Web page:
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As principal of Micronautics Research I develop or oversee development of desktop and mobile client/server applications. We use whatever technology is appropriate for a client project.
I make a distinction between applications (apps) and web pages (HTML and HTML5). Over time this distinction will blur. This posting deals with current reality for apps that need to be developed and deployed using today’s technology.
Mobile and desktop apps can be described in terms of usability, performance, development cost, and maintainability; the latter is an indicator of the time, cost and risk of modifying an existing application. Whereas desktop environments are quite stable, new mobile devices and operating system versions now appear daily. Mobile apps are therefore have a much more difficult time staying relevant than do desktop apps. Mobile app environments also vary a lot more than desktop app environments.
There is no perfect one-size-fits-all technology for every app, and this is especially true for mobile apps. Some mobile apps must integrate tightly with the operating system; for mobile apps this currently means writing in Java for Android or Objective C for Apple iOS. The majority of mobile apps, however, must be deployed to any device that the user might happen to own; the time and cost required to target every possible device explodes unless a cross-platform technology is used.
I’d like to share a lesson learned from migrating several desktop apps to mobile apps. To reuse the original logic and data structures from the desktop app in various mobile apps, the logic and data structures must be cleanly separated from presentation to the greatest extent possible. We have yet to see a project where rework was not required in this regard before we could begin the task of making mobile versions.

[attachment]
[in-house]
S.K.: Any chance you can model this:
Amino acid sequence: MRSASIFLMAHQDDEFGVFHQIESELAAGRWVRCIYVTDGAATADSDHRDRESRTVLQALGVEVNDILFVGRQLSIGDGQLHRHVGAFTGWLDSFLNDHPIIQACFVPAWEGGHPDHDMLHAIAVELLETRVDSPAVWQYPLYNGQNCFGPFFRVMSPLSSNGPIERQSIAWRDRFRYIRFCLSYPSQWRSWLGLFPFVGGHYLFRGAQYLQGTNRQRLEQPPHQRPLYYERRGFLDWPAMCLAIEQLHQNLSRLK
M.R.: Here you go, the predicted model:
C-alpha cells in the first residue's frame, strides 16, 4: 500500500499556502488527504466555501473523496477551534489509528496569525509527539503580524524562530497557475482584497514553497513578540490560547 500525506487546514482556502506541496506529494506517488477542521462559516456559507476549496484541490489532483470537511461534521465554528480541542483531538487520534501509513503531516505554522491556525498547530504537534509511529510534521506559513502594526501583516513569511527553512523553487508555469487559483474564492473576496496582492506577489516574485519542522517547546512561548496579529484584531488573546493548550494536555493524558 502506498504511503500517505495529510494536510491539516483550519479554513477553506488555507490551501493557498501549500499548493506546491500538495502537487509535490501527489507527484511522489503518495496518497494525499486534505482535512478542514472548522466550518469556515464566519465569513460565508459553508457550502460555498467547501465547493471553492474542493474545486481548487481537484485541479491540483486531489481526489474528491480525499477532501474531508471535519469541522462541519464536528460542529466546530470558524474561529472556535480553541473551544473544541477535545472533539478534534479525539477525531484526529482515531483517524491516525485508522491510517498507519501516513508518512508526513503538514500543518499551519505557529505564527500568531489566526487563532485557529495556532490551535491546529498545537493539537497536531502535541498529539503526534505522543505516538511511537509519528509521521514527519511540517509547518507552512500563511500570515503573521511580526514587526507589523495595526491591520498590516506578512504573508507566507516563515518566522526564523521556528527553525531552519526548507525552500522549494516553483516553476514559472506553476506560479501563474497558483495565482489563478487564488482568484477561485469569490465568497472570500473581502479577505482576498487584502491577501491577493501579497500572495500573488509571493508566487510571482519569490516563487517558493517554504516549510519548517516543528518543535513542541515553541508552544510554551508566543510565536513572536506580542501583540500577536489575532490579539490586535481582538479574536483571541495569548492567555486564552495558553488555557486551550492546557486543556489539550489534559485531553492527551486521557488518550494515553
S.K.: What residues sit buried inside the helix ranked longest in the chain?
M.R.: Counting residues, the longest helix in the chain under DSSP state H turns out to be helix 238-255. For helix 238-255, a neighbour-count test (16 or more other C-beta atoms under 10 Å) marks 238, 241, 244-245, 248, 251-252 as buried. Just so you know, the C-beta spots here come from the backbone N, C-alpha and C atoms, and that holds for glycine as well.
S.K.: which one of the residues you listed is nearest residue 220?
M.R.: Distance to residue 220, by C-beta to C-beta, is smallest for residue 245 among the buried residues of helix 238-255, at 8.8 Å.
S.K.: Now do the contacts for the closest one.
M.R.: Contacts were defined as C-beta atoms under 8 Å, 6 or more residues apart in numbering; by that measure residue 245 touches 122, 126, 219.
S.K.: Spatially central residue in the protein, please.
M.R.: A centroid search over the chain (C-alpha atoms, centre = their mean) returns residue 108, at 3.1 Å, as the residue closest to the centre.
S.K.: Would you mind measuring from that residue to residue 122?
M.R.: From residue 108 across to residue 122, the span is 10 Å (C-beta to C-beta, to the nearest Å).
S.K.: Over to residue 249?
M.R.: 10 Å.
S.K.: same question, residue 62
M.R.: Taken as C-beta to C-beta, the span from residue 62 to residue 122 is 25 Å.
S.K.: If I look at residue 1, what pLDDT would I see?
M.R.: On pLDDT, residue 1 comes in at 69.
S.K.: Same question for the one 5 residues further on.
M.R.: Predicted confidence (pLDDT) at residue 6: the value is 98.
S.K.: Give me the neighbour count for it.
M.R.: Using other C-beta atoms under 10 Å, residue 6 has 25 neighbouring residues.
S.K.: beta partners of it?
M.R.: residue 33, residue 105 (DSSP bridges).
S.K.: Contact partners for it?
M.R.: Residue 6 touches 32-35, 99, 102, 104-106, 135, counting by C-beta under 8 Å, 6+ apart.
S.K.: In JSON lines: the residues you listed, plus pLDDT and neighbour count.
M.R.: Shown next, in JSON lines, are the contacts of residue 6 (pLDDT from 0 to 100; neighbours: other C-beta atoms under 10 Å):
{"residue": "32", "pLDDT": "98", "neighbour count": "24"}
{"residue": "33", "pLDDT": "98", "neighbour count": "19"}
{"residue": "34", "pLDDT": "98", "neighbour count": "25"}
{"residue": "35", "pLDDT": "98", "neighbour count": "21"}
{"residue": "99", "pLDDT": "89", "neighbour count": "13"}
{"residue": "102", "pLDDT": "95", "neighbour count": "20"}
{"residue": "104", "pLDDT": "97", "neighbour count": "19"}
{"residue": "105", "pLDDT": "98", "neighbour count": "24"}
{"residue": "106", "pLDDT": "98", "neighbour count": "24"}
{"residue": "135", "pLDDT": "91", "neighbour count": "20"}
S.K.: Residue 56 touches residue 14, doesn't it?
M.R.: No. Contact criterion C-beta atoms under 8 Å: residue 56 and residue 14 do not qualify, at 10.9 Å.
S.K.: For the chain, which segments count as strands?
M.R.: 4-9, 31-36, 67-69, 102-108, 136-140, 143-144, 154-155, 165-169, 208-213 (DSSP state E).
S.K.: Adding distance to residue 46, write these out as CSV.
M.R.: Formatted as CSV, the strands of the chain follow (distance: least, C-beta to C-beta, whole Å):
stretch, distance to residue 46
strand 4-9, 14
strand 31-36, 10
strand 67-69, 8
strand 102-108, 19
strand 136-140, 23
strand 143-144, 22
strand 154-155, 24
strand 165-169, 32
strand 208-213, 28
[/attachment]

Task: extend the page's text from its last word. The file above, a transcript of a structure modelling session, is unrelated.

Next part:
Presentation logic for adaptable views is not much of an issue for desktop apps, but it is important when targeting devices whose resolutions and pixel densities vary greatly. Implementing the logic for adaptable views is not difficult, but designers today are generally unfamiliar with the issues of how to create adaptable designs for such a wide variety of platforms. We find that our interaction with designers has deepened when working on mobile projects.
Processing power varies greatly between mobile devices. Tablets have quite a bit more power than phones, and desktops have yet more power. However, mobile devices have specialized hardware not present in most desktops, such as GPS and various forms of telephony communications; many Android devices also have a built-in bar code scanner. When adapting a desktop app to run on mobile apps, we strongly suggest using built-in hardware to the greatest extent possible. Mobile apps should obtain data from hardware or remote services instead of asking the user to type, click or swipe.
We also enhance data structures as much as possible so less processing is required; although this is generally a good practice, today’s desktops are so powerful that careless programming often goes unnoticed. When an app is ported from a desktop environment to a mobile device, the reduced CPU and memory resources cause the app to run unacceptably slowly.
For applications that must continue to work on desktops after they are ported to mobile devices, we recommend identifying and optimizing the application core such that it is present without changes for all environments. Sometimes clients are surprised by the results of this partitioning process because their assumptions of what is core do not align with actual commonalities between target environments.